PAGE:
“All I’ve ever wanted,” Billy says, “was to keep the family business alive. And it hasn’t been easy, not with the way things have been changing around here. My parents put everything they had into this place. I did my homework on that bar.” He points to the bar, and everyone laughs. “I met my wife in that booth.” He points to one in the back corner, where the vinyl’s split across the seat and one side sinks too far down. August always wondered why it hadn’t been replaced. “I had my daughter’s first birthday party here—Jerry, you baked a fuckin’ cake, remember? And it was awful.” Jerry laughs and gives him the finger, and Billy bellows out a laugh so loud, the room shakes.
“But, anyway,” he says, sobering. “I’m just … I feel so blessed to get to keep it. And to have people I trust.” He inclines his head toward Lucie and Jerry and Winfield, huddled by a table. “People I love. So, I wanna make a toast.” He lifts his bottle, and all over the restaurant, people raise coffee mugs and juice glasses and styrofoam to-go cups. “To Pancake Billy’s House of Pancakes, serving the good people of Brooklyn for nearly forty-five years now. When my momma opened this place, she told me, ‘Son, you gotta make your own place to belong.’ So, to a place to belong.”
Everyone cheers, loud and happy and a little misty, the sound filling the place up to the brim, rushing over the Formica tabletops and the sticky kitchen floor and the photo to the side of the men’s room door of the first day Billy’s fed the neighborhood.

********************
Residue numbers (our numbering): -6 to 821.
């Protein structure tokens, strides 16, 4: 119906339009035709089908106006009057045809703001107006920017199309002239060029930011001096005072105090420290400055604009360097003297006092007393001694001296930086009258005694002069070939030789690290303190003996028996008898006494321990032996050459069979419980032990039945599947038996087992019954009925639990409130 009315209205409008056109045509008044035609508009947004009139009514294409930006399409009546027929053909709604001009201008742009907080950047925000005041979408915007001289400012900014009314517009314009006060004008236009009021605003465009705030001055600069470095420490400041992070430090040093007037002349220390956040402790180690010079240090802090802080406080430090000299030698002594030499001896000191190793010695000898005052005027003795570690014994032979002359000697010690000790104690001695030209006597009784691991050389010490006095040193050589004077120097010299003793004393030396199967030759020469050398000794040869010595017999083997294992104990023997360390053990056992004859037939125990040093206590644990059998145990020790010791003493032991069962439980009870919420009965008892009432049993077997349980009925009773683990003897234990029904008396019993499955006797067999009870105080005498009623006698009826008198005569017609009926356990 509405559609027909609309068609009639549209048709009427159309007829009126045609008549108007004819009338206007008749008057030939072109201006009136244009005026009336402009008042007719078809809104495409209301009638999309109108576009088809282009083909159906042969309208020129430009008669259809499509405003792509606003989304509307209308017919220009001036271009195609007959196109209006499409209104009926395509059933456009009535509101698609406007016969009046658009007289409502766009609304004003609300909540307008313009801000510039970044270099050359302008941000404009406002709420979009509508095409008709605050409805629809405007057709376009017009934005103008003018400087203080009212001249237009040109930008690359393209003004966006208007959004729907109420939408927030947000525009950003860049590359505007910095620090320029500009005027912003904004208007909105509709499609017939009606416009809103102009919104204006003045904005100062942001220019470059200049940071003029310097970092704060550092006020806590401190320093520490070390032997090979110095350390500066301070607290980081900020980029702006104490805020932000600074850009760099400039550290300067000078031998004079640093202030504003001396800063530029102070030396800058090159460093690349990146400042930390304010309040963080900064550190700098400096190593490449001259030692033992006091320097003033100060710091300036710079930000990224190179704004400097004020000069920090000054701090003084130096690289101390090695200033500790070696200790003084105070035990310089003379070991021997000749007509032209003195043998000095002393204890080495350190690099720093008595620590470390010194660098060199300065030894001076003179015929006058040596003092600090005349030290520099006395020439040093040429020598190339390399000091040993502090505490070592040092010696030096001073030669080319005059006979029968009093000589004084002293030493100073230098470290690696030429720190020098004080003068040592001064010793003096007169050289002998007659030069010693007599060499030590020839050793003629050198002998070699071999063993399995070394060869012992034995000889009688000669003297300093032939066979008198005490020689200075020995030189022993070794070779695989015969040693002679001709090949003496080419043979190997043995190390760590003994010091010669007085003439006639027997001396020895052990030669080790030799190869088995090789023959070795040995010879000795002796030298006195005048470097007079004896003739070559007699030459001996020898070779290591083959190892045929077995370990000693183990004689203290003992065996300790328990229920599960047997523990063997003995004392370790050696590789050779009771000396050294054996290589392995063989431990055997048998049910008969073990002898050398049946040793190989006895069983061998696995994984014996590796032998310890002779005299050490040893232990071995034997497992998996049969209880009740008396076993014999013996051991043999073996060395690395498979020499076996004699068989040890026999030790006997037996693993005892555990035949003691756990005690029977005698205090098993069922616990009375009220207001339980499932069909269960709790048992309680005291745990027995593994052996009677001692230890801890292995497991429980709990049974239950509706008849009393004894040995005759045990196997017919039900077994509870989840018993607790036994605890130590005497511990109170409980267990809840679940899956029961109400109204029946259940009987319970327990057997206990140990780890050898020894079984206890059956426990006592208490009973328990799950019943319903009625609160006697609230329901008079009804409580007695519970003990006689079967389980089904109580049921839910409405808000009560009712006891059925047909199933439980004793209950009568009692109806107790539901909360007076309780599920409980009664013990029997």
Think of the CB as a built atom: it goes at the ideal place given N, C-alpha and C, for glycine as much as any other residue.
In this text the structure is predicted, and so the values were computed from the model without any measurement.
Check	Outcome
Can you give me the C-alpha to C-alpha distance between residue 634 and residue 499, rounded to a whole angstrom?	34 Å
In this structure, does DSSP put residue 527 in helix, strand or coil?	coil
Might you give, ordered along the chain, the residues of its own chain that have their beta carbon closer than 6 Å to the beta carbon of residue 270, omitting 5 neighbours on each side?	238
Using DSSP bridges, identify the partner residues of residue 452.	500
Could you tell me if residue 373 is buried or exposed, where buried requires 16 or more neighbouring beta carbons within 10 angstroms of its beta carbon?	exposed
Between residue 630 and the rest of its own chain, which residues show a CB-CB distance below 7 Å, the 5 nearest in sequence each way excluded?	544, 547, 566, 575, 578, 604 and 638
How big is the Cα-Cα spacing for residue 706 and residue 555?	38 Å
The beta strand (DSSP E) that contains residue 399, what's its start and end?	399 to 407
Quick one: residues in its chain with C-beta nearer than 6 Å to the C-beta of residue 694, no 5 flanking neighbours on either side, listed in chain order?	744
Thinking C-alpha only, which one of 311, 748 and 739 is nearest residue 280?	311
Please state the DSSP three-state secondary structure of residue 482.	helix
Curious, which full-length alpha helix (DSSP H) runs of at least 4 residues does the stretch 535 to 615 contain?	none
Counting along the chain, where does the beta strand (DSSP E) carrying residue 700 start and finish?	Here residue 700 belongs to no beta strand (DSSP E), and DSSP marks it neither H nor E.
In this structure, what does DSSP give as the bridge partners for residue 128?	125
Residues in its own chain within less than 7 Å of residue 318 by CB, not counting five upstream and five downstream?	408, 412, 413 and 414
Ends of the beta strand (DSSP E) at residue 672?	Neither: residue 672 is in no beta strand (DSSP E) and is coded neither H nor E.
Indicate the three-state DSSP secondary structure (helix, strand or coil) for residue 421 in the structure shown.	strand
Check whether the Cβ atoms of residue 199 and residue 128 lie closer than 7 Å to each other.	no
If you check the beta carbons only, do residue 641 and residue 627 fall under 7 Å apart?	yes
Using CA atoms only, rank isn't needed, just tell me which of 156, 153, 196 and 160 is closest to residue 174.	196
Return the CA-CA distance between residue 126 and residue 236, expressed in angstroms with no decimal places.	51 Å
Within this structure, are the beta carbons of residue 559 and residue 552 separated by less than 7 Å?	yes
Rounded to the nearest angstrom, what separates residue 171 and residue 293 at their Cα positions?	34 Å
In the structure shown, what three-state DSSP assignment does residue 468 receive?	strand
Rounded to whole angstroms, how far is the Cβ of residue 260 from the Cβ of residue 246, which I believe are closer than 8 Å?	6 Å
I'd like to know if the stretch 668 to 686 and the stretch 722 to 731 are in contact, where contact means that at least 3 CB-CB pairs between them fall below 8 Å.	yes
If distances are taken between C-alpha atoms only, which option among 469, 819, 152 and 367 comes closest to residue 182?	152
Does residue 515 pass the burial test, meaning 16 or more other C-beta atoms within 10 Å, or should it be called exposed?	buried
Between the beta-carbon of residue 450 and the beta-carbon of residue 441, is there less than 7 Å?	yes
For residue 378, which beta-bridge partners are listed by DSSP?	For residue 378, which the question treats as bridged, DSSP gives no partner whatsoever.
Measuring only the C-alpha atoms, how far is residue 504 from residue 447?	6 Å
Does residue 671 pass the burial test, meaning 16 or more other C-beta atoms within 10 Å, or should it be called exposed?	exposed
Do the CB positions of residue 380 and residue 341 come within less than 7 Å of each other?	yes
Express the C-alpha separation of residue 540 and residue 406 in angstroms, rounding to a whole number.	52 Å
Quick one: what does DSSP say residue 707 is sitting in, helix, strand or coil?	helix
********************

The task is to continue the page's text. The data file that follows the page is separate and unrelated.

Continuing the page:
Just as Billy takes a swig, the front door opens.
The room’s too busy throwing back champagne to notice, but when August glances across the dining room, there’s a young woman standing in the door.
She looks lost, a little shocked, unsteady on her feet. Her hair’s inky black and short, swept back from her face, and her cheeks are flushed from the November chill outside.
White T-shirt, ripped jeans, sharp cheekbones, an armful of tattoos. A single dimple at one side of her mouth.
August thinks she throws a chair out of the way. It’s possible a bottle of hot sauce hits the linoleum and shatters. The specifics blur out. All she knows is, she clears the room in seconds.
* * *
Impossibly, here. Now. Her red Chucks planted on the black-and-white floor.
“Hi,” Jane says, and her voice sounds the same.